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Road Map: Supplemental Spending Bill Faces Major Hurdles

It may take some Cirque du Soleil-type acrobatics, but House and Senate Democratic leaders hope to have a more than $90 billion supplemental war spending bill completed by the end of the week.

[IMGCAP(1)]Three issues — a massive $108 billion loan to the International Monetary Fund, restrictions on pictures of detainee abuse and closing the military prison at Guantánamo Bay, Cuba — are bedeviling lawmakers as they try to finish up the must-pass bill.

And maneuvering room is extremely limited as leaders try to find a path through both chambers.

The House appears to have the trickiest problem given that Republicans are vowing to vote en bloc against the bill if it contains the IMF money, Democrats could defect if the bill bars the release of photos of detainee abuse in Iraq’s Abu Ghraib prison and in Afghanistan, and there are already more than 50 Democrats on record as opposing any bill that funds a war without a defined end.

Though the Obama administration reversed itself on the issue last month and decided to fight the release of photos sought by the American Civil Liberties Union, many House Democrats feel the photos should be made public.

Meanwhile, Republicans have accused Democrats of trying to orchestrate a “global bailout— with the IMF money, and with so many Democrats defecting, Democratic leaders would need those GOP votes to boost the bill over the top.

House Democrats have reached out to Republicans to negotiate, but the leaders were told that the only way to ensure Republicans would support the bill was to strike the IMF money.

“What can they do to bring us over to [vote for] a supplemental with IMF funding?— asked one senior House Republican aide. “Very little.—

Though Democrats have toyed with adding a measure — known as “Cash for Clunkers— — intended to spur Americans to buy new cars, the Republican aide said even that was unlikely to shake loose enough Republicans to make up for Democratic desertions.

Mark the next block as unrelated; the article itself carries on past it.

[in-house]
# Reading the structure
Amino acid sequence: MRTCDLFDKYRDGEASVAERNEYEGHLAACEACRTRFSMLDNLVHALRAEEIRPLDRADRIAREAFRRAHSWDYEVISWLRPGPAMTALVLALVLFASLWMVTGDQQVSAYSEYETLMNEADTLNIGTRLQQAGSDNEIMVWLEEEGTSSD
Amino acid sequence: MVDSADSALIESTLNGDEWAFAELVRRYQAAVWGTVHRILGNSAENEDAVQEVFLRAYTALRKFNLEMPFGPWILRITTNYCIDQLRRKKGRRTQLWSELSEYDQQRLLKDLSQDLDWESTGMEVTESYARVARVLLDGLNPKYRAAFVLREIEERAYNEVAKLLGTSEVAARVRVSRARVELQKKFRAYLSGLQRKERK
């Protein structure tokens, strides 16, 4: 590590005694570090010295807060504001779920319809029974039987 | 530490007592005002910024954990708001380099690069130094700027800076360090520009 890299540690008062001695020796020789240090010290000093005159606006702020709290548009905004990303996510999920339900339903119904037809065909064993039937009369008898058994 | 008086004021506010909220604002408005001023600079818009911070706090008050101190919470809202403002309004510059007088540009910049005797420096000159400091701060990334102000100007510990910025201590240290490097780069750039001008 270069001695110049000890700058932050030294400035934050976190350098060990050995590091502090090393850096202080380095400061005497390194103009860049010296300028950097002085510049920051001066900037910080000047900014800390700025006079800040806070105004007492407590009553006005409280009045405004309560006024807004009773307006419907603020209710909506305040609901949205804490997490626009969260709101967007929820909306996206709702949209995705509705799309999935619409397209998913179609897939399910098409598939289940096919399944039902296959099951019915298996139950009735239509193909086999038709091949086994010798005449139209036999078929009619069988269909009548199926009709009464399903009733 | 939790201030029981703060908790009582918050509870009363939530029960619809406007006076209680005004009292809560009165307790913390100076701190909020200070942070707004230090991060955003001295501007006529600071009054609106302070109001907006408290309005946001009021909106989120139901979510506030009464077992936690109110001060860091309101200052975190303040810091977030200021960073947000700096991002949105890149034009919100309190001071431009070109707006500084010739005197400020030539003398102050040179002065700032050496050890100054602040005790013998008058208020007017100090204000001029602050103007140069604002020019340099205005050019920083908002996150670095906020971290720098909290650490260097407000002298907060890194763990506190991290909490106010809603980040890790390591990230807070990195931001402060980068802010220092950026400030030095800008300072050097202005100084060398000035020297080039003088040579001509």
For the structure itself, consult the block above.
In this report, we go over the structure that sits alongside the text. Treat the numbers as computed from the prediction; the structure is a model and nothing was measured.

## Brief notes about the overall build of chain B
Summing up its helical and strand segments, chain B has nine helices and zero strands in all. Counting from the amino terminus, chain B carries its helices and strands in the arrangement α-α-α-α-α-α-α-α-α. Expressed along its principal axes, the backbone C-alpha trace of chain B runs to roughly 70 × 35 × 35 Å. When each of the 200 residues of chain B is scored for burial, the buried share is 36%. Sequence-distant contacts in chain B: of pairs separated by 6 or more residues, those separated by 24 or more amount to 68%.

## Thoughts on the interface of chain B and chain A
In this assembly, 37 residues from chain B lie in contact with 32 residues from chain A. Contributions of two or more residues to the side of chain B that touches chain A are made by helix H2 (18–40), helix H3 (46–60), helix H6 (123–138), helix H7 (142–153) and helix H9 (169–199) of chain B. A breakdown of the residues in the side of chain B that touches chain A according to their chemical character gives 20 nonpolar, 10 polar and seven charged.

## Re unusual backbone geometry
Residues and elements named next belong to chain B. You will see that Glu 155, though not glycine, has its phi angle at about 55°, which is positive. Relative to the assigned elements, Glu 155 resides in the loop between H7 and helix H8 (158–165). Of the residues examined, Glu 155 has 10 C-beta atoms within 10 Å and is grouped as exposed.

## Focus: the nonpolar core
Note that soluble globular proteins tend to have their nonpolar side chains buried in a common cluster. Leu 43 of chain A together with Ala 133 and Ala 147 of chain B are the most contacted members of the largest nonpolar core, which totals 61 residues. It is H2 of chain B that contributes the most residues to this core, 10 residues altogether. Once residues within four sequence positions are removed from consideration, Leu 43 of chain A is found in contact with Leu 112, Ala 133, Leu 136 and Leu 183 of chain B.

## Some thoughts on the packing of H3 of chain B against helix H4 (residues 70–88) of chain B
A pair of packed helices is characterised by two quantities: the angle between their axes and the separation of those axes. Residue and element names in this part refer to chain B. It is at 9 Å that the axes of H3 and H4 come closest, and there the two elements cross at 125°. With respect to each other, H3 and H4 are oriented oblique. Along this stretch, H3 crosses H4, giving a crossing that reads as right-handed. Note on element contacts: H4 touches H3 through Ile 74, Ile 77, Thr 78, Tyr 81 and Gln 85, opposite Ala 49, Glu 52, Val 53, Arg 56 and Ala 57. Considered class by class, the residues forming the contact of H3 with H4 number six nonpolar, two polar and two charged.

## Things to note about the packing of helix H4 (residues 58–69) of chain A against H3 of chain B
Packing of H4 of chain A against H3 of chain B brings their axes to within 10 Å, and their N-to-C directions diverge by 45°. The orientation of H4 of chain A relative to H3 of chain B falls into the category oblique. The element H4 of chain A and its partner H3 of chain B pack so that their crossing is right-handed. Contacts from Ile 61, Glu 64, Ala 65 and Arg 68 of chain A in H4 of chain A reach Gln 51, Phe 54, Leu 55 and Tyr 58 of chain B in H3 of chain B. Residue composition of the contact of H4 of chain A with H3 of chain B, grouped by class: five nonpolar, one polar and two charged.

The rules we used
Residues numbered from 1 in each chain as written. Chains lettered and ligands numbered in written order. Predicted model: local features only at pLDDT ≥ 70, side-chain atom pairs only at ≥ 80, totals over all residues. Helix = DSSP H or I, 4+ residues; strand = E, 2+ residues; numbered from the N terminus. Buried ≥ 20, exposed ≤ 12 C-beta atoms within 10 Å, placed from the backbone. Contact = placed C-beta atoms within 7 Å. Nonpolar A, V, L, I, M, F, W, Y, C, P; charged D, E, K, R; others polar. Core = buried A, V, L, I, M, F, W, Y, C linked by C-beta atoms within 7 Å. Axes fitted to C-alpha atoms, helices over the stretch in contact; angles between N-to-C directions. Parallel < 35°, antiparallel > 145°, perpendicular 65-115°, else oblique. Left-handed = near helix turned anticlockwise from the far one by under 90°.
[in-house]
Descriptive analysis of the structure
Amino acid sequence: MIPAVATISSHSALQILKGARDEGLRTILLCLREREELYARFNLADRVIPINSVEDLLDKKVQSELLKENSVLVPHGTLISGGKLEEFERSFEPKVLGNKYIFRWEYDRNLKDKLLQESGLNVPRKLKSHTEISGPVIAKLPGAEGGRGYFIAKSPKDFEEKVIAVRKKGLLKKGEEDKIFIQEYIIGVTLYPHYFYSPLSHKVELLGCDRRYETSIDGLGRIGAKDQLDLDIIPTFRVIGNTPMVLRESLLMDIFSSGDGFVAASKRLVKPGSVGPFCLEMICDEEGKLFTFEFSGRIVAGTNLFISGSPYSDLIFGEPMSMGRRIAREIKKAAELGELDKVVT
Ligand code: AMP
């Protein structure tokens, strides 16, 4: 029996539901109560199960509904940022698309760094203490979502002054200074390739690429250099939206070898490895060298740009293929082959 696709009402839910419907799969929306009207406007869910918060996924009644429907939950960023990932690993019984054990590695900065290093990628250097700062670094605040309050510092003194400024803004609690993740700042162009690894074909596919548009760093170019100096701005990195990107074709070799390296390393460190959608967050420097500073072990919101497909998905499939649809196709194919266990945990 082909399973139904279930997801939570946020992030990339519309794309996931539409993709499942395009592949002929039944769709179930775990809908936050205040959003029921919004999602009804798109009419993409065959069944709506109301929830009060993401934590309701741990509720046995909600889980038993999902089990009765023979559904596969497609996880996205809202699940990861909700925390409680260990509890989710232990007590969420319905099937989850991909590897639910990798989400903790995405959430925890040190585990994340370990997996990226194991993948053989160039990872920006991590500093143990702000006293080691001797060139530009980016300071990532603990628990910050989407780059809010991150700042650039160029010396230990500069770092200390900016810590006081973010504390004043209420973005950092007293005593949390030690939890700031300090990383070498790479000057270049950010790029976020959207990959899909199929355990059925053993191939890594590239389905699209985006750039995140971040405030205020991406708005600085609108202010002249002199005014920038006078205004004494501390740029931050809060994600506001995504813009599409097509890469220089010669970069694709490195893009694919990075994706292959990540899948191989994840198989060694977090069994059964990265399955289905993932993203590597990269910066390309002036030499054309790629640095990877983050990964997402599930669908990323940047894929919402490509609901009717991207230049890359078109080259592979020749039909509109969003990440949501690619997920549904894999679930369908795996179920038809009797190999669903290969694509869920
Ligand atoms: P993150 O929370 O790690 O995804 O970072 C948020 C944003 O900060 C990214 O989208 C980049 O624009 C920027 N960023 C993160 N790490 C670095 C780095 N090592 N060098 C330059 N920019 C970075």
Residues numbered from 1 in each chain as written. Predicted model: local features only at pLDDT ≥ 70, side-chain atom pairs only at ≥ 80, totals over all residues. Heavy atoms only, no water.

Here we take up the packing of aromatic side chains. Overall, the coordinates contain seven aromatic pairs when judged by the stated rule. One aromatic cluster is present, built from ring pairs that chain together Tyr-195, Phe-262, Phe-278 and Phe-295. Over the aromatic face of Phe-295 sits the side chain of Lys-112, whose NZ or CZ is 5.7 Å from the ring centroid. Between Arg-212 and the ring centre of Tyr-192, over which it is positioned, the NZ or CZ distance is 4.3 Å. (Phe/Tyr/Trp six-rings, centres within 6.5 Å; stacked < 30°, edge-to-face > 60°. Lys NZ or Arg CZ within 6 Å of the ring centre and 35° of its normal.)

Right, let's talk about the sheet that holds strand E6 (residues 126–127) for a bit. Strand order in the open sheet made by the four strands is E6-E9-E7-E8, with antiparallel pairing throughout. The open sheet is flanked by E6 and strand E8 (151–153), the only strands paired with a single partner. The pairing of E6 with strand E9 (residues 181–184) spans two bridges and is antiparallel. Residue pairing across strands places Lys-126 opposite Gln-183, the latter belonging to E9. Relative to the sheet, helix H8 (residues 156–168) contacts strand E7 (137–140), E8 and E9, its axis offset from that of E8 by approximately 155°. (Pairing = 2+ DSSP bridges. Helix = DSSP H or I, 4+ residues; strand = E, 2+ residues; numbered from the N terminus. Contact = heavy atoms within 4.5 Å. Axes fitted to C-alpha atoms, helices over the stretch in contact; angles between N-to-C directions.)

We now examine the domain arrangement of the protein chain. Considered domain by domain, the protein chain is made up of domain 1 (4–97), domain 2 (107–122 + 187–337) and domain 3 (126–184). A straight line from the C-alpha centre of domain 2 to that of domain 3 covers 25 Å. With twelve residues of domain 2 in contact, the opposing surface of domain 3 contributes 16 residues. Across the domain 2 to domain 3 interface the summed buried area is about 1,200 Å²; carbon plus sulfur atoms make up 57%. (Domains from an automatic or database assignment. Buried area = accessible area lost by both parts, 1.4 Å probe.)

So, no matter how you slice it, the votes aren’t there right now to keep all those items in the bill, House aides argued.

But if House Democrats decide to strip IMF funding, they risk a revolt from the Senate and the White House, who are committed to keeping the money. A similar outcome could accompany the elimination of Senate language forbidding the release of the detainee abuse photos.

“People over here feel very strongly about those two issues,— said one senior Senate Democratic aide. “People are advocating for them— to stay in the bill.

However, a senior House Democratic aide said the best option for the House might be to get rid of the prohibition on releasing Abu Ghraib pictures, while leaving in the IMF funding. Republicans might still balk at the bill, but with a little arm-twisting, House Democrats could probably lock up the votes in their own party that would be necessary to pass the bill, the aide said.

The Senate may not have the 60 votes needed to block a filibuster of the bill if the language barring Guantánamo detainees from entering the United States for any reason is tweaked.

The White House has asked for language that would at least allow them to temporarily bring suspected terrorists to the United States for trial.

“I assume it’ll take the active involvement of the president— to solve all the issues, another senior Senate Democratic aide said.

Senate Democrats have essentially split into five general positions on Guantánamo: those who do not want any detainees in the United States under any circumstance, those who are amenable to temporary detentions for trials, those who want to do nothing until President Barack Obama details his plan for all detainees, those who want to try to get other countries to take the detainees, and those who just want to close the prison now and are unafraid of accepting detainees into U.S. prisons.

Democratic aides blamed the divide, in part, on fear of the Republican rhetoric that is already being used against Democrats. GOP Senators have been hammering Democrats for months over what they see as the danger of housing terrorist suspects in the United States.

Obama issued an executive order in January directing that Guantánamo be closed within a year, but he has yet to detail a plan for what to do with the hundreds of suspected terrorists there. However, his eventual plan is expected to include a proposal to house many detainees in U.S. maximum security prisons.

The Democratic leaders’ goal for the supplemental, however, is to simply get language that allows the Obama administration to bring detainees to the United States for trial during the next four months only.

Not all House Democrats are of one mind, either, when it comes to Guantánamo, with many fearing the political ramifications of allowing any suspected terrorists to step onto U.S. soil, even in shackles, the senior House Democratic aide said.

But one knowledgeable Senate Democratic aide predicted that on the Guantánamo fight at least, a solution was just around the corner.

“Cooler heads are at the table now,— the aide noted.

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